In solidarity with the protest in the UK with TAPOL and Amnesty International, The Melbourne West Papuan Community and supporters will hold a demonstration about the ongoing detention of over 70 political prisoners in West Papua and to call for their immediate and unconditional release.
5pm Wednesday 2nd April, State Library of Victoria, Swanston St Melbourne
We will stage a visual protest, where we are asking demonstrators to ‘stand-in’ for political prisoners.
This will create the main narrative for the demonstration – to have the total number of political prisoners in Papua be immediately visualised. 74 prisoners represented by 74 demonstrators.
COME A BIT EARLER IF YOU WANT TO BE PART OF THE VISUAL REPRESENTATION.
Cage and name tags provided…
We call on advocacy groups around the world to act in solidarity with Papuan political prisoners. Join us in our call to the Indonesian government to respect freedom of expression in West Papua and to unconditionally and immediately release all Papuan political prisoners.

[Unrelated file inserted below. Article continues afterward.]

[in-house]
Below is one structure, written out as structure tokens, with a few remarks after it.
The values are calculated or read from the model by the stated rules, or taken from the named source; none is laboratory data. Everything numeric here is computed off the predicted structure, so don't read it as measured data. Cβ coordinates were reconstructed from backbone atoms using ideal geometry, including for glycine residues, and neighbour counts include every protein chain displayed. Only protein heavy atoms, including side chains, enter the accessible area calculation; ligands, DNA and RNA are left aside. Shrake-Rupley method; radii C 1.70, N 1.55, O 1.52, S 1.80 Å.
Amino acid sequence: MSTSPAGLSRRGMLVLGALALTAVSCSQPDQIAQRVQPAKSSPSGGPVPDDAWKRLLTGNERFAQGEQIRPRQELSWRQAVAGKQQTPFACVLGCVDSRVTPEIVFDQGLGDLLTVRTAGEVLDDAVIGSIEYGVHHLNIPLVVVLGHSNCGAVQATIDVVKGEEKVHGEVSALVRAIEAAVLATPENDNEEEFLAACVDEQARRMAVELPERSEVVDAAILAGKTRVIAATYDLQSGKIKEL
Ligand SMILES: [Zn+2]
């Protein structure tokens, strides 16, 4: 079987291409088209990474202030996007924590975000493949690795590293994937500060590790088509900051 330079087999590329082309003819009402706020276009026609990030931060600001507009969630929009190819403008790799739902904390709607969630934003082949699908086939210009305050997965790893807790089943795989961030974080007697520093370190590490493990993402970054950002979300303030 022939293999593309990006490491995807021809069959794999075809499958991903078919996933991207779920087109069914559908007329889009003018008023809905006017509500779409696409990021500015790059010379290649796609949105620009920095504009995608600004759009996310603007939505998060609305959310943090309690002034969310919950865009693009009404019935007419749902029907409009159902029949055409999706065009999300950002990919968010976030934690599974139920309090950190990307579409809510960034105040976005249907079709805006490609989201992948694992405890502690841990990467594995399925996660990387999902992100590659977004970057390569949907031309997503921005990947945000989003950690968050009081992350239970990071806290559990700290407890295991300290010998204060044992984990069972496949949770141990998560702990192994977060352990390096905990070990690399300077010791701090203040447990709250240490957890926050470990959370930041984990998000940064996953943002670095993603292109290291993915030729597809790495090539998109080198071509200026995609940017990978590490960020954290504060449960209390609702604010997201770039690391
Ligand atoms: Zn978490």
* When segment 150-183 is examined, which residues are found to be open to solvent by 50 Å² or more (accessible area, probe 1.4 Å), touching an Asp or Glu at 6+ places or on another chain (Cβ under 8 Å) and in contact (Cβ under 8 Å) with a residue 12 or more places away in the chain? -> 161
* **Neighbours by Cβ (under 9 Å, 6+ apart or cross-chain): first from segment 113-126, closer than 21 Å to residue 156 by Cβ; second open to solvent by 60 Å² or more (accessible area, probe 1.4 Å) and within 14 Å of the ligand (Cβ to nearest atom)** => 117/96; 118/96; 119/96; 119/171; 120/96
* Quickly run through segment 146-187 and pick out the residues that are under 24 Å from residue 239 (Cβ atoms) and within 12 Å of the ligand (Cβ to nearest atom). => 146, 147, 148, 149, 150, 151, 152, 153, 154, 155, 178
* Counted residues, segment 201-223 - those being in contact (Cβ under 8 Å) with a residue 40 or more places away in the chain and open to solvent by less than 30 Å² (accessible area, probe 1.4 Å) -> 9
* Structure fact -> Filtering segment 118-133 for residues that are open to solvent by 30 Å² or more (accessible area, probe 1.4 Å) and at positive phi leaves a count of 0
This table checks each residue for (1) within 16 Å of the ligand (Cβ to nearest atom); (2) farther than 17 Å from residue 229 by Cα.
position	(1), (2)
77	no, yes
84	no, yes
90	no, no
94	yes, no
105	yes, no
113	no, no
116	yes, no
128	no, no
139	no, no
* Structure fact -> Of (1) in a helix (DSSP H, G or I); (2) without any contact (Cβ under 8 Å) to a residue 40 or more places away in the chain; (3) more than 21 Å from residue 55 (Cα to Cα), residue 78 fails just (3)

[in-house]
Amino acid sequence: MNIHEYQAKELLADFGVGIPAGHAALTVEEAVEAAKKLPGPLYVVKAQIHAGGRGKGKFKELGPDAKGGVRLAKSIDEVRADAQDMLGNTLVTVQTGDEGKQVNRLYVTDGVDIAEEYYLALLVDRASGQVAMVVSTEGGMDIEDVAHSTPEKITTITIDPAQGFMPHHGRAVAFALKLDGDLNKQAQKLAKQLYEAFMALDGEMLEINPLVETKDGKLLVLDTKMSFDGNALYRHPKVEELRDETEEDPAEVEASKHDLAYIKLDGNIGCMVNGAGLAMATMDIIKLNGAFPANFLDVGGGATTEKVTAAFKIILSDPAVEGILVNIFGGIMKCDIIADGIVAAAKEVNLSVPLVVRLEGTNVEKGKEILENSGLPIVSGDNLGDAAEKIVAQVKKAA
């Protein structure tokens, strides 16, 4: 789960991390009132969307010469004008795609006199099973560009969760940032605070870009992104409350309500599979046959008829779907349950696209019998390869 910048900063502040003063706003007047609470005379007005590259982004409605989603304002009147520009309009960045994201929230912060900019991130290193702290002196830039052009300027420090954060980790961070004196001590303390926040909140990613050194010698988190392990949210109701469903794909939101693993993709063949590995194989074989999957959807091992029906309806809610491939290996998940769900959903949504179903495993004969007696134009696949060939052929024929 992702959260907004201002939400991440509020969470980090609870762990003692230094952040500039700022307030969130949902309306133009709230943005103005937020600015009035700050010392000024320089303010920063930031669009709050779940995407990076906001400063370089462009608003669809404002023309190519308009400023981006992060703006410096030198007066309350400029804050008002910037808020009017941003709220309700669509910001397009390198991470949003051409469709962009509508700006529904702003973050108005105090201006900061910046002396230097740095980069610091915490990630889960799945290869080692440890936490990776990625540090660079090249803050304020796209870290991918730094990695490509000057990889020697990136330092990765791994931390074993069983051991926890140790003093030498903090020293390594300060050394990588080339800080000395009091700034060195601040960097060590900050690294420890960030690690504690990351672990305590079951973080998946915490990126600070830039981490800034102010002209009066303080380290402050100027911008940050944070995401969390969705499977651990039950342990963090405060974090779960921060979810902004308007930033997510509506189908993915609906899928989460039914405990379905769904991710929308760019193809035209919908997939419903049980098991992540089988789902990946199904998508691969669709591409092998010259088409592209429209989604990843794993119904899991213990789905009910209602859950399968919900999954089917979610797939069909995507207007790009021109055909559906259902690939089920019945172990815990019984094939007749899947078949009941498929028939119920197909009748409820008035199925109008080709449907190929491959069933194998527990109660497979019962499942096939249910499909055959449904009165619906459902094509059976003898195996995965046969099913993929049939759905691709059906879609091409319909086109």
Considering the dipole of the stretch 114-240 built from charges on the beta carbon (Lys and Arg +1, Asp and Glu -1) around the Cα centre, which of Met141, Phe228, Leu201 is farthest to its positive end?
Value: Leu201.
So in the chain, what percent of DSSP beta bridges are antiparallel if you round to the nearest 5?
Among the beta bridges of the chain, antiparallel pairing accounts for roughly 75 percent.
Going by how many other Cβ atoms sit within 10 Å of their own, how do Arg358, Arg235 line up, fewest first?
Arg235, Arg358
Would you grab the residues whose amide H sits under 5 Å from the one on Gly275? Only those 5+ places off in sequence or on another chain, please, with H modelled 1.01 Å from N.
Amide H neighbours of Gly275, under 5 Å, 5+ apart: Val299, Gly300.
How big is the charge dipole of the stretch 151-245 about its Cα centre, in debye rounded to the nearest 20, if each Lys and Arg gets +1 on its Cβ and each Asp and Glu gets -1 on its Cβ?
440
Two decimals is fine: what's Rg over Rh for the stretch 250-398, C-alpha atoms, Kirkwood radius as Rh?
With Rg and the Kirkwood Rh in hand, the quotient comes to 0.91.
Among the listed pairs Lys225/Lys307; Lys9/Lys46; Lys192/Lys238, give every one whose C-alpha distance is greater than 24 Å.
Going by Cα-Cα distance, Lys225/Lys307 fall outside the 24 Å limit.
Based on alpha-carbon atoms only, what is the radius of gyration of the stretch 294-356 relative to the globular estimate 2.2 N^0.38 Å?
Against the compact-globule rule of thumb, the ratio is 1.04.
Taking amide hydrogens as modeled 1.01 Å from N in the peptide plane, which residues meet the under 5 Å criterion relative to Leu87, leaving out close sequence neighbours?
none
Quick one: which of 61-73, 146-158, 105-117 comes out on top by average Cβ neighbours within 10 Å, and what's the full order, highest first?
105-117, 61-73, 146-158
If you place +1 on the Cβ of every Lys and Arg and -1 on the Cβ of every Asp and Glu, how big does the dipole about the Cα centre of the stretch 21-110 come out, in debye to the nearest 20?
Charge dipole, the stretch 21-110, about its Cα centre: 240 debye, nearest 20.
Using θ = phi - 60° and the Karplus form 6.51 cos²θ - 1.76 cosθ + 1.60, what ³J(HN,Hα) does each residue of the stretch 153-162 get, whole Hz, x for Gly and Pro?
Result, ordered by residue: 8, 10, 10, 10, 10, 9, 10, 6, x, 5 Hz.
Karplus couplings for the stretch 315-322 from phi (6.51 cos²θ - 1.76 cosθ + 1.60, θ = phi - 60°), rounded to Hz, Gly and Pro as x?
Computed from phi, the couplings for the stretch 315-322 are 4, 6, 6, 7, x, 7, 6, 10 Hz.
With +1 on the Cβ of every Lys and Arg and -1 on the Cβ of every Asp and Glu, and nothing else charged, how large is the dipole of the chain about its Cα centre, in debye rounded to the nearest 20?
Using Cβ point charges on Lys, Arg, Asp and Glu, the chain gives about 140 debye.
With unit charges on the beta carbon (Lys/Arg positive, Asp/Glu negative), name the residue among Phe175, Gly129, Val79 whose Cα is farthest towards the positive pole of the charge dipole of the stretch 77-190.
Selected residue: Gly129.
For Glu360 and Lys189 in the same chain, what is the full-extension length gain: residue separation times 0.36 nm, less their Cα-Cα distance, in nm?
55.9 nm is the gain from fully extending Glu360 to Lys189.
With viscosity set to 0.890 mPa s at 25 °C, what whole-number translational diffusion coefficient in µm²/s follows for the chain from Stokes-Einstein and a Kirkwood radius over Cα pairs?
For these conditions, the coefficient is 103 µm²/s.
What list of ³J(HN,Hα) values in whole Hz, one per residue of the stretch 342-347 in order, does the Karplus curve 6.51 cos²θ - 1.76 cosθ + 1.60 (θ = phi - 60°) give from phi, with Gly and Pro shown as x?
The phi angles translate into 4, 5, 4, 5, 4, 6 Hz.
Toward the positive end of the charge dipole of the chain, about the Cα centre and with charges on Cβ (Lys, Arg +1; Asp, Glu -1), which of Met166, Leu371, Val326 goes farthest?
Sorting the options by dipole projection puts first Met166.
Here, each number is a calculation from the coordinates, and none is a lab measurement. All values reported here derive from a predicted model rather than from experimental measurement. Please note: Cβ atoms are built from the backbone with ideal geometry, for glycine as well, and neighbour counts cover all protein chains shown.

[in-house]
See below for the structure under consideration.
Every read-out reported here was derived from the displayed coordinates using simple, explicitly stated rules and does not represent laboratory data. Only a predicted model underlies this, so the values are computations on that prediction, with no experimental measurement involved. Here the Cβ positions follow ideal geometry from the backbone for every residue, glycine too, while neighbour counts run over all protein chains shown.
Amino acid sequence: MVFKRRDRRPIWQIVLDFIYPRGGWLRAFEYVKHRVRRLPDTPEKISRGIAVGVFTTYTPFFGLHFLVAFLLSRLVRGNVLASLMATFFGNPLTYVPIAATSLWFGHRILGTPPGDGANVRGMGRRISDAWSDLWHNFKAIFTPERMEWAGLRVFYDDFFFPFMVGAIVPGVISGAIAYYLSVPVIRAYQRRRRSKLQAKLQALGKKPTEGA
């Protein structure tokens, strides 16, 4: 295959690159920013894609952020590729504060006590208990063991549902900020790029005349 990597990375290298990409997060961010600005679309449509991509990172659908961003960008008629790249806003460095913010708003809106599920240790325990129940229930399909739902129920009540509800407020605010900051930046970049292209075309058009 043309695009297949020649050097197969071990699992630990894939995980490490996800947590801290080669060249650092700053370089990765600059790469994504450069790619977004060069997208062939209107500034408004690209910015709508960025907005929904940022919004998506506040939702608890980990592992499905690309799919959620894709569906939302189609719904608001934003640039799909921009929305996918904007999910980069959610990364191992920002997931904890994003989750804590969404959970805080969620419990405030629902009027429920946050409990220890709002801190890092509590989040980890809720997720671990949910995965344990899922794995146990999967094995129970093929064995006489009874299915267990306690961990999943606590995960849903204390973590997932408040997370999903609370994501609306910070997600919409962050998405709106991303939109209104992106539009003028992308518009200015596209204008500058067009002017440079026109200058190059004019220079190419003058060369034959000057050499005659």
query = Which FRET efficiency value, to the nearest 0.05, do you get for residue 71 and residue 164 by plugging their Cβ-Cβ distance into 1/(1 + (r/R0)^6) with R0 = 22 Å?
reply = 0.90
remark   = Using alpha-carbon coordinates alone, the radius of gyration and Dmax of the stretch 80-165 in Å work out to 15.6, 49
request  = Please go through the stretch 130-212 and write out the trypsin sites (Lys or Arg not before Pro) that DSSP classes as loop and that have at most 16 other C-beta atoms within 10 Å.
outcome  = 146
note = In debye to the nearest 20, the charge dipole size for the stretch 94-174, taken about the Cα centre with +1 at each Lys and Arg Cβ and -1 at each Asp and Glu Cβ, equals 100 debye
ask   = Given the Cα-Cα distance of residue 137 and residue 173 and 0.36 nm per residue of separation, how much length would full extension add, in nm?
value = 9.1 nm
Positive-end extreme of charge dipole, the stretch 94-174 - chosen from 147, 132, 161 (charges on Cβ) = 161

According to data from Papuans Behind Bars, the number of political arrests more than doubled in 2013 as compared with the previous year, and reports of torture and ill-treatment of political detainees have also increased. This points to a significant deterioration in the environment for freedom of expression in West Papua. Indigenous Papuans continue to be arrested for peaceful activities such as raising the Papuan Morning Star flag or attending demonstrations and public events that express dissent. Often they are charged with treason or incitement which can carry lengthy prison sentences. A new pattern is now emerging of charging peaceful activists with criminal violence, backed by fabricated evidence and unreliable testimony. While many political prisoners are in jail as a result of their peaceful political activities, others are targeted arbitrarily.
Journalists and lawyers face coercion, intimidation and violence from security forces who enjoy wide impunity. West Papua still remains largely closed to foreign journalists, NGOs and international organisations, making it difficult to accurately report on violations as they take place.